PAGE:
of the nomads of Sinai. These same bedawin are described as being

peculiarly liable to rheumatism. No class are greater fatalists, and

in the larger number of cases of illness the patient is left uncared

for, even, as the writer has witnessed, when the sick one is a cherished

son. The bedawin have remedies of their own, but many appear to

be the result of the inspiration of the moment rather than of any

tribal lore. The food of these nomads consists of unleavened bread,

made of coarsely ground wheaten flour, burghul (bruised wheat,

boiled), rice, lebban (sour milk), cheese, dates and fresh fruit when

they can be obtained; occasionally, as on a feast, a sheep is killed

and there is a gorge of meat. A great number of them suffer from

chronic dyspepsia, the pangs of which they usually ascribe to

intestinal worms; these, it is true, they also have in plenty. Child-

birth is, as a rule, accomplished with extraordinary ease. Although

these nomads, in a remarkable manner, survive injuries received in

their fights, their constitutions present very little resistance to acute

diseases, particularly perhaps to pneumonia, and they succumb to

what any soundly constitutioned European would successfully resist.

(2) The fellahin are ethnologically a very mixed race, and

distinctive physical characteristics are found in certain villages or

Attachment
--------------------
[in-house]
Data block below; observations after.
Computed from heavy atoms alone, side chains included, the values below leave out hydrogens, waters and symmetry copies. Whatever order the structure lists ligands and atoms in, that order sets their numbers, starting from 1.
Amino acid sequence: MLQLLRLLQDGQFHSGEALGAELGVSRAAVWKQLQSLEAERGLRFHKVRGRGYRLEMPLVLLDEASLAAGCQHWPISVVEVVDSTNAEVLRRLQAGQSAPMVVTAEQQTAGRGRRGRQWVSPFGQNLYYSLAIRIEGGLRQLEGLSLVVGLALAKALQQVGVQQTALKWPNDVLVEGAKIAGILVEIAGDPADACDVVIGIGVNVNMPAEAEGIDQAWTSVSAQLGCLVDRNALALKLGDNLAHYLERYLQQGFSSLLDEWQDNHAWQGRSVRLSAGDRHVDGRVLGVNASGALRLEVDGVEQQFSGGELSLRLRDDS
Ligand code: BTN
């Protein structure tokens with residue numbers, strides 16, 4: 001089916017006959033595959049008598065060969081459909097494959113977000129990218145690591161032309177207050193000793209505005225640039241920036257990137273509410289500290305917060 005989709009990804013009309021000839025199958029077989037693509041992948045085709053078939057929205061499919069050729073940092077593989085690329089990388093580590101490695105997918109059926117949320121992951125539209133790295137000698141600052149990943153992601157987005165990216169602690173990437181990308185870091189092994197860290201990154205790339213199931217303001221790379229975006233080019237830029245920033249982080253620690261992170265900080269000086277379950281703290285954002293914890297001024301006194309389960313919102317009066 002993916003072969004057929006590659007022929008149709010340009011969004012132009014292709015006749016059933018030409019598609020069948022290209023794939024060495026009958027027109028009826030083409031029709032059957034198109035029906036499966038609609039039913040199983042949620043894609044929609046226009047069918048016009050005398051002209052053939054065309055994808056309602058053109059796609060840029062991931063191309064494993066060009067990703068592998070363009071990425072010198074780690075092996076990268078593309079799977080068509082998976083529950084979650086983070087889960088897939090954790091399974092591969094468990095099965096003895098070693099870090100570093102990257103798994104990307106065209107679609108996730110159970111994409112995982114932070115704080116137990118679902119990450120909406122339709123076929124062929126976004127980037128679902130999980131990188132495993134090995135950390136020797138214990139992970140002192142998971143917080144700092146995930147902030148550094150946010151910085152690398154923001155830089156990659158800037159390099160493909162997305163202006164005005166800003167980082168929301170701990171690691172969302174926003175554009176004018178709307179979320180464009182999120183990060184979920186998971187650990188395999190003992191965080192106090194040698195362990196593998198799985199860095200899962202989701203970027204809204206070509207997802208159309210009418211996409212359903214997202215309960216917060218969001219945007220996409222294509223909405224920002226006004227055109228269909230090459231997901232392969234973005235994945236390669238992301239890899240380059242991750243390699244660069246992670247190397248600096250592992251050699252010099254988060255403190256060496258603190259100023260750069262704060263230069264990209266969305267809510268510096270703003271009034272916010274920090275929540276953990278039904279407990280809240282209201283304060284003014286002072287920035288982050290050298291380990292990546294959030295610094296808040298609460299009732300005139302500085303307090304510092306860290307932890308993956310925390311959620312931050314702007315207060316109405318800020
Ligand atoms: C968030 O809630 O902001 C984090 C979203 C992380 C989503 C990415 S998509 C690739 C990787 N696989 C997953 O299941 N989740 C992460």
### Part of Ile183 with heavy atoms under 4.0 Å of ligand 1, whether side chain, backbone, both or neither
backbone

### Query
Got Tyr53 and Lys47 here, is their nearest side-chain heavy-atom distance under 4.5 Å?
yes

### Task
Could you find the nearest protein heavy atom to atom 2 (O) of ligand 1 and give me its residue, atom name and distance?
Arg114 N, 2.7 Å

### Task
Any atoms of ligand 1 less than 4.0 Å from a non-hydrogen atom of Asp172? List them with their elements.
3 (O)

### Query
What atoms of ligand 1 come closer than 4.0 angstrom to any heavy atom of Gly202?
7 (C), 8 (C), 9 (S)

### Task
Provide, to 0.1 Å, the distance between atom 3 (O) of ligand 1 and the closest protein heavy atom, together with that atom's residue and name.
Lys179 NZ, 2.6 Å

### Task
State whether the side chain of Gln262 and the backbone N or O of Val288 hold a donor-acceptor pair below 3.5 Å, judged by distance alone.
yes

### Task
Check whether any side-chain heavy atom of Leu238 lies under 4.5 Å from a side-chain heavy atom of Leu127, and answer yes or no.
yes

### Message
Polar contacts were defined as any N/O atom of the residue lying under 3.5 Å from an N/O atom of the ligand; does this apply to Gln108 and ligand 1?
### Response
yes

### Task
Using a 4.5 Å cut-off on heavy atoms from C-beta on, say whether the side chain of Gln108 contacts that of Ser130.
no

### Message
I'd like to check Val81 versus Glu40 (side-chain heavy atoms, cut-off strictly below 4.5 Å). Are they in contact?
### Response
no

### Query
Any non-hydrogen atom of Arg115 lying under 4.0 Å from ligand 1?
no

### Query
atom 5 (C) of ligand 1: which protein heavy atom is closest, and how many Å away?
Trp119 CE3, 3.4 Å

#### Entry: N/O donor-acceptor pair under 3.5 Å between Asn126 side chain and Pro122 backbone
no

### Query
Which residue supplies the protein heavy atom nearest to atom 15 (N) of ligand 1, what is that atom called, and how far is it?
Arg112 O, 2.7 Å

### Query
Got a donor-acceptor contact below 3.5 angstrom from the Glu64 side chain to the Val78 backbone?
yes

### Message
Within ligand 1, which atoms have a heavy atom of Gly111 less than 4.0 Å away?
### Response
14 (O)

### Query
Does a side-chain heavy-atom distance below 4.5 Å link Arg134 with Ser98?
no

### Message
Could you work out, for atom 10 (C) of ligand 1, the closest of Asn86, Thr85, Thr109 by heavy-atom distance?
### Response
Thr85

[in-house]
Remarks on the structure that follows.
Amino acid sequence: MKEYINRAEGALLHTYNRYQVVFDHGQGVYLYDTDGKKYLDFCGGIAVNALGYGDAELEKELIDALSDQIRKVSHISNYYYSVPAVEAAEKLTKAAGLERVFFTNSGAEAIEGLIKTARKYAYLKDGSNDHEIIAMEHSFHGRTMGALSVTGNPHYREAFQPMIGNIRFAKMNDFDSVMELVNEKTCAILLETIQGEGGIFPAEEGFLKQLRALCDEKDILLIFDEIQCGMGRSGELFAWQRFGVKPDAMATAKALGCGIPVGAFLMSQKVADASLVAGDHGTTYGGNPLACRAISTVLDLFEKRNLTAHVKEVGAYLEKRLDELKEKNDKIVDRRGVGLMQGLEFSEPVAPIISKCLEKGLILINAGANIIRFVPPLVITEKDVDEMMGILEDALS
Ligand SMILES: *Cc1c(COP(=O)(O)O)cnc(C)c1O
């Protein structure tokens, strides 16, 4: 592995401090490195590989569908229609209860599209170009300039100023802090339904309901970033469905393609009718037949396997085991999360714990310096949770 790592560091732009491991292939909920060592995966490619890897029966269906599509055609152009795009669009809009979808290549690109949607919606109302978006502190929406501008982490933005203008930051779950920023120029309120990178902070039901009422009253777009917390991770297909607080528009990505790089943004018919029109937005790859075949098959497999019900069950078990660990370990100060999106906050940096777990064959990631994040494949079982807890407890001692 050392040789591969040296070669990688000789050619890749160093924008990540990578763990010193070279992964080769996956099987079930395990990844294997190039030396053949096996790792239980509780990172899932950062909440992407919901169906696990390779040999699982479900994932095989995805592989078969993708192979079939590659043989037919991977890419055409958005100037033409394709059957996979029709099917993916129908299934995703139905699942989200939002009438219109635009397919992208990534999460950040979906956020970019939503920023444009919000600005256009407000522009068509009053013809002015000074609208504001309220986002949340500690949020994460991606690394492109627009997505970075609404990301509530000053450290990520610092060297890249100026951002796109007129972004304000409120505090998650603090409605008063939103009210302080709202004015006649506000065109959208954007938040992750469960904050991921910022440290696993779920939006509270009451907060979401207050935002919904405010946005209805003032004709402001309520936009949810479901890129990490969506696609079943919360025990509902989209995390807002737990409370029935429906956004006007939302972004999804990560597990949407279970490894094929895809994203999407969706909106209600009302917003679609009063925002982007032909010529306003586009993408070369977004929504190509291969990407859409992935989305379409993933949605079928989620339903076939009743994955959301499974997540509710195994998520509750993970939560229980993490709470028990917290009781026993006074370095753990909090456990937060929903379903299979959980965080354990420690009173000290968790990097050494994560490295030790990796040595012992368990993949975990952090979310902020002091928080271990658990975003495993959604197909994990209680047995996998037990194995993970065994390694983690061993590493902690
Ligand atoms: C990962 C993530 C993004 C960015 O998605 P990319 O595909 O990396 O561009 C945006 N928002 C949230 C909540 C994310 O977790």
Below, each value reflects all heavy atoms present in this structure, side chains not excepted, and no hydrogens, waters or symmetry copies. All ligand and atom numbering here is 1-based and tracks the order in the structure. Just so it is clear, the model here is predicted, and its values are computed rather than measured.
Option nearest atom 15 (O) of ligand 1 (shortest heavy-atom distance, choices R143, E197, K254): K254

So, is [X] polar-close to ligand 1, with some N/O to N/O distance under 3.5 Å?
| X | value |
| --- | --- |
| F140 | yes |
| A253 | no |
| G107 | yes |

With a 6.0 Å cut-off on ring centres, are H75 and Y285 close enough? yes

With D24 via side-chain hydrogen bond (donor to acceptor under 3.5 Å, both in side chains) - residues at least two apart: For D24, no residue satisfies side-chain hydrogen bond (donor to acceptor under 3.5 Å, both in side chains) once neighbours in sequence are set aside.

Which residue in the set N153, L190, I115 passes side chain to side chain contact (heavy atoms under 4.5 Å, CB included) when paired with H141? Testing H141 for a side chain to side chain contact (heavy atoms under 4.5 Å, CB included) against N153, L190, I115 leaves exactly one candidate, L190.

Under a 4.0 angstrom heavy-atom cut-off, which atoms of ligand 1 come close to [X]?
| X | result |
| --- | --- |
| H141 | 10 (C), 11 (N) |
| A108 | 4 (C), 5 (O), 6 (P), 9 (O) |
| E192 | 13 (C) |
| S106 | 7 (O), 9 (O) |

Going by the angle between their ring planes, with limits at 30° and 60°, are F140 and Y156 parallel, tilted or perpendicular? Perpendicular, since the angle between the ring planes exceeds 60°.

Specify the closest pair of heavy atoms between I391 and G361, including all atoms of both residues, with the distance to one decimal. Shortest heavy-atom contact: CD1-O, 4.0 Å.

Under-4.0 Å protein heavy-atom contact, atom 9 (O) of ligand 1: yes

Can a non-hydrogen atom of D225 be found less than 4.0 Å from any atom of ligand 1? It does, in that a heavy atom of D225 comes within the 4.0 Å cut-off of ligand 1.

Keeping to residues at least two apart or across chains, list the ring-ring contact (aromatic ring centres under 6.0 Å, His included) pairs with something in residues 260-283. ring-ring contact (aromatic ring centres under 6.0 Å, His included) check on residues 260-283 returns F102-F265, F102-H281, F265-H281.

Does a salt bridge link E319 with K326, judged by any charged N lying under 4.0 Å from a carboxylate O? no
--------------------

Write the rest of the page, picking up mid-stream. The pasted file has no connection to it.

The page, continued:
groups of villages. In general, the poorest both in physique and in

possessions are found in southern Palestine. The great masses of the

fellahin--like the bedawin--are nominally Moslems, but they know

but little of the religion which they profess, and follow a cult of

traditional religious customs, often quite at variance with their

orthodox belief. There is a certain number of Christian villages

scattered about the land where, as a rule, the houses and sur-

roundings are more comfortable than in the villages of the Moslems.

In northern Palestine, particularly, the most varied races and

classes dwell side by side--Christians (in several distinct sects),

Jews (in “colonies”), Sunnite Moslems, and Metaweleh, Druzes,

Moslem Circassians, Turkomans, and Algerians. Even those


HYGIENE AND DISEASE IN PALESTINE.                      17


occupying villages within sight of each other will often have but

little social intercourse. All over the land the custom of inter-

marriage within the very narrow circle of a single village, or of a

small group of villages, is the rule. This constant interbreeding is

naturally prejudicial to health, and must greatly concentrate the

tendency to inheritance of disease. The houses of the fellahin are

usually constructed of very loosely built walls, with flat mud roofs,